Brexit: Withdrawal Agreement and Political Declaration - Motion to Take Note

Part of the debate – in the House of Lords at 6:31 pm on 9th January 2019.

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Photo of Lord Craig of Radley Lord Craig of Radley Crossbench 6:31 pm, 9th January 2019

My Lords, many noble Lords will recall the story of when Queen Victoria was on the Throne and a storm cut the radio link between Europe and the British Isles. The next day, a Times headline reported the breakdown: it read “Continent Isolated”. That sense of superiority, once referred to as “All foreigners start at Calais”, is long gone. Now it seems to some that Brexit has turned that all on its head, that it is the British Isles which are about to be isolated from Europe.

But is it right to equate Europe with the European Union? Yes, there are many ways in which the flag of the EU flies for all within continental Europe. It is a convenient and pragmatic way of conducting political, cultural and economic business and activities, but that bypasses the much longer and lasting relationships built, not over the past few decades, but over the past many centuries between the British Isles and their continental neighbours.

In days gone by, this country sought to make alliances to help balance power in Europe, whether against Napoleon 200 years ago or Germany in the past century, so as to protect our own interests and future security. It is not inconceivable that one day other EU members will decide to follow the UK in exiting the Union. Collaboration with them thereafter would be to retread our historic path of securing our best national interests by seeking out strategic balances within the continent of Europe.

That security self-interest persists today, of course. It persists within NATO and other bilateral agreements on defence issues and more widely through the historic recognition and value of our contribution to culture, the arts, the English language, sciences and the law. In today’s lexicon, that is a galaxy of very considerable soft power. This rich heritage has worldwide application, not just in continental Europe, to our great benefit and renown. It is a proactive form of soft power that reaches across national boundaries and continents. Modern communication makes it that much easier and faster to reach out with this compact of influence.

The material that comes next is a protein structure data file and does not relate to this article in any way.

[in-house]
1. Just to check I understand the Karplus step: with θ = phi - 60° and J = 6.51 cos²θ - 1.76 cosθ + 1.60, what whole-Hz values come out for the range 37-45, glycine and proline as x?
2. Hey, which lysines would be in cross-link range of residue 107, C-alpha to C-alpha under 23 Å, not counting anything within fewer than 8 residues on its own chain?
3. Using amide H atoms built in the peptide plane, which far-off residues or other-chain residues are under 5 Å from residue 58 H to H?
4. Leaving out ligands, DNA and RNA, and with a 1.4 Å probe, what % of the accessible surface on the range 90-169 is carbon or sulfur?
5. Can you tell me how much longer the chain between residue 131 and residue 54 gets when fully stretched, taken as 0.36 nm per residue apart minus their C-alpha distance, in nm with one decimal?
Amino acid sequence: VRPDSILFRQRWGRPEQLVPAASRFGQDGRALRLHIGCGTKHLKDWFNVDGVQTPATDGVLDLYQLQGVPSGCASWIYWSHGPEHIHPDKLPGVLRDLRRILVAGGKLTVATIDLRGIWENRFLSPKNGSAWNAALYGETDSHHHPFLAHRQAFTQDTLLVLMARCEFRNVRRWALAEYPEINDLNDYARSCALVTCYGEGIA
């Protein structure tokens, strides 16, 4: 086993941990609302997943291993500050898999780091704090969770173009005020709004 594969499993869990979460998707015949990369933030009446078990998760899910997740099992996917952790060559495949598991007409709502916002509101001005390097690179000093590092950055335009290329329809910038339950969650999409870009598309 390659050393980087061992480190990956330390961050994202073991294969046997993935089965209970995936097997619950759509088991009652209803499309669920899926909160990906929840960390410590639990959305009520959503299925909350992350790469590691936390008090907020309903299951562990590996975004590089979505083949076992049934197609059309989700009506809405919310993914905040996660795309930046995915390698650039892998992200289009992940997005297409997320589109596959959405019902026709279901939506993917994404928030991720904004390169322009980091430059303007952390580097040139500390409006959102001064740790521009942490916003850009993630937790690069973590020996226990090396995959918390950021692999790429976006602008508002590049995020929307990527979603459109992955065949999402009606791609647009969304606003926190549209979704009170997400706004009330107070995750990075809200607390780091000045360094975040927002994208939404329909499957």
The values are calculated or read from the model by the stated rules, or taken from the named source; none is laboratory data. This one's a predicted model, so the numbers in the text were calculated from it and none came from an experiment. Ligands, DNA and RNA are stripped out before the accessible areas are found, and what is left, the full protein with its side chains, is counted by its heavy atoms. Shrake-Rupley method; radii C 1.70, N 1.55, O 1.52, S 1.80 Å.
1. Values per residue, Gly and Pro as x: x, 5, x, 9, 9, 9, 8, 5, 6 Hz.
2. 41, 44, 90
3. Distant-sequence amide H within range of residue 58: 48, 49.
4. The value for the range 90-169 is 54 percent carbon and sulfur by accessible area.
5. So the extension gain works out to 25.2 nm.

We have all these tools and blessings, but we need voices to embrace and extoll them, to focus our own people on this positive, exciting vision for the future. So I share the feelings of regret and disillusionment about the fables of doom and despair which have so characterised the past year or 18 months. Surely there should be greater encouragement and belief in ourselves and in what drawing on our heritage and contemporary skills can provide.

I was glad to note that some recent journalistic coverage is beginning to address the positive, rather than the negative, aspects of where we are now and where we shall go after 29 March. I embrace that new-found optimism. Nothing should limit the vision to just the balance of payments with the rest of the world. This country and its brightest have much to contribute to a wider future in the fields of security, academia, arts and culture as well as in businesses of all descriptions.

Traditionally, and long before the EU, these have involved individuals and groups working bilaterally or multilaterally with other individuals and nations. Will this not long continue, even after this particular European Union passes into history? Why should these types of links not persist? The freedom to make such relationships, to seek them out, to foster them and to benefit from them is a blessing of our free society. Let that search be the new year resolution for this country, regardless of the decision reached in the other place. Whatever it is, it will not be true to say that the British Isles are now isolated.